The greater cane rat is a recently domesticated monogastric herbivore, and the importance of the caecum in the functioning of its digestive tract has frequently been mentioned. However, no data are available on caecal fermentative activity of this animal and research on the digestive physiology was only performed in adult animals. The present work was initiated to describe some parameters of the digestive tract anatomy and to study caecal fermentation of the growing cane rat. Thirty 40-day-old weaned cane rats were used in this experiment. Six of them were immediately euthanased and 12 were housed in a collective pen for gastrointestinal tract (GIT) parameters measurements. Twelve others were kept in individual cages to record growth and food intake. Captive cane rats received a pelleted diet containing 12.5% of crude protein and 16.7% of lignocellulose. Six of the 12 collectively housed animals were euthanased on day 82 and a further six on day 103. The growth rate increased with age (P < 0.01) with a linear growth curve (P < 0.001) while the feed intake (g/kg body weight) did not vary (P > 0.05). The caecum represented the largest compartment of the digestive tract constituting more than 40% of total GIT contents. Acetate was the most abundant short-chain fatty acid with more than 70% of the total, followed by propionate (less than 25%) and butyrate (around 5%). Short-chain fatty acid profiles varied with age: when age increased, the acetate proportion increased (P < 0.01), the propionate proportion decreased (P < 0.001) and the butyrate proportion remained unchanged (P > 0.05). The propionate/butyrate ratio showed a decrease with an increase in age (P = 0.05). Ammonia concentrations did not vary with age (P > 0.05). It is concluded that the caecum is an important site of fermentation in the growing cane rat.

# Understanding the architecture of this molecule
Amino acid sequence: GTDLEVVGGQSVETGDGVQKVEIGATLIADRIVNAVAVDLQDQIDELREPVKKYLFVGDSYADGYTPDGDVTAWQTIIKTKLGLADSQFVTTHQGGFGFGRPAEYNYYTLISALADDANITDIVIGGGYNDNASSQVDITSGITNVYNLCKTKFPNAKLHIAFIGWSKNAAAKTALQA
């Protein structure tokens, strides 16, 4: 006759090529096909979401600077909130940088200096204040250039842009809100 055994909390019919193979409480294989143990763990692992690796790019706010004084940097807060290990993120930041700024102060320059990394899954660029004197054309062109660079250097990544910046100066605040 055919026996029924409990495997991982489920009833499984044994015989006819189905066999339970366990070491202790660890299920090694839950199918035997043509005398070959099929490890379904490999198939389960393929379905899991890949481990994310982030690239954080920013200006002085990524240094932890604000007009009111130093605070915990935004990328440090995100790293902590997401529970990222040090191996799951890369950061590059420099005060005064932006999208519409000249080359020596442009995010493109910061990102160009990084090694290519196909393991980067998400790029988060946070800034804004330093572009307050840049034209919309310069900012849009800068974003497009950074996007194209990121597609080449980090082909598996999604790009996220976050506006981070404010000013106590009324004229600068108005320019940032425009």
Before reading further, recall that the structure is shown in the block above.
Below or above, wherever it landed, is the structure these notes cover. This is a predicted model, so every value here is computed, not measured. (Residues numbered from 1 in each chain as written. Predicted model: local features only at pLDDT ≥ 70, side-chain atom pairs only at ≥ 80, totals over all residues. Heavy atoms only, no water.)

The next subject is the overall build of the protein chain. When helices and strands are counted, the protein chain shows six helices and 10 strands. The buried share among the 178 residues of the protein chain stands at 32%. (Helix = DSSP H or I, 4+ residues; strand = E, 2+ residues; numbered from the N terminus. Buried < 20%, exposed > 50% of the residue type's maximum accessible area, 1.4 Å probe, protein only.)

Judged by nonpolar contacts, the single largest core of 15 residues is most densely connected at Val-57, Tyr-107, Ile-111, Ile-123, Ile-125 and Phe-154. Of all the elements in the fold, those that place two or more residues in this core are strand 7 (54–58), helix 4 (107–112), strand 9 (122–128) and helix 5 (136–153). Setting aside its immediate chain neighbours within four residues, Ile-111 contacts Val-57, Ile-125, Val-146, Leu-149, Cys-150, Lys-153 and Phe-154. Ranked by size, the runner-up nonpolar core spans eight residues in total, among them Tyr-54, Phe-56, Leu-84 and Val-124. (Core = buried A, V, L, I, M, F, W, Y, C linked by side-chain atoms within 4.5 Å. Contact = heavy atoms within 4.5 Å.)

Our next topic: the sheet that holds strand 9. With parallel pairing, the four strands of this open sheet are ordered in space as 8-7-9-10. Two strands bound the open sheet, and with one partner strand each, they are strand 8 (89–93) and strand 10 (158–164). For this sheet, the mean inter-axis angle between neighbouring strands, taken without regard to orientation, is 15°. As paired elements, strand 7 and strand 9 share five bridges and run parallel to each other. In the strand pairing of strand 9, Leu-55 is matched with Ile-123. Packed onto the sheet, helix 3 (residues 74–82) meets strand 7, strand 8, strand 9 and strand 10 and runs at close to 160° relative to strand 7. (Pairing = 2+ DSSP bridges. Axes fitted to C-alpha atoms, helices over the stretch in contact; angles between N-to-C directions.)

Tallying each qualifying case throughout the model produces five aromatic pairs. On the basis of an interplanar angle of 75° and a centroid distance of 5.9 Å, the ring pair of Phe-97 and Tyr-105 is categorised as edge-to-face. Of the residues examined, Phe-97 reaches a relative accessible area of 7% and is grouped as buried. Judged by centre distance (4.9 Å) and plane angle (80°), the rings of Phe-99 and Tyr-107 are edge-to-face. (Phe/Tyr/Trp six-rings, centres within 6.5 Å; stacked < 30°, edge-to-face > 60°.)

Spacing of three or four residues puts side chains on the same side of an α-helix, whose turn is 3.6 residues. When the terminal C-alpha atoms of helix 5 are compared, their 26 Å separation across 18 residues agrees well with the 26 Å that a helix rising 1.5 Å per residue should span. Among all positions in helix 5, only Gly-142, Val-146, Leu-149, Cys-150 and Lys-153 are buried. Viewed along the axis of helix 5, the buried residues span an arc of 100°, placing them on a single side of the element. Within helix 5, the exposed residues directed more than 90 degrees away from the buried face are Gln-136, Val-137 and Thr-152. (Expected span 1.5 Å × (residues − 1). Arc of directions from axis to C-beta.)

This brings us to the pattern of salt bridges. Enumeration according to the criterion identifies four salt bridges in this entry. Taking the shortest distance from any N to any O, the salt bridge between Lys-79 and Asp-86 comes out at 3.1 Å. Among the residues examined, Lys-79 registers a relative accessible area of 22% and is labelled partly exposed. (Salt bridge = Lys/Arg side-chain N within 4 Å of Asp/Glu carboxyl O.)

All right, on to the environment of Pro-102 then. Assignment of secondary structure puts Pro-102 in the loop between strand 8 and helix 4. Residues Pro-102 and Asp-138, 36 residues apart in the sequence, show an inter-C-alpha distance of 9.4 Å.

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Vol. 47 • No. 2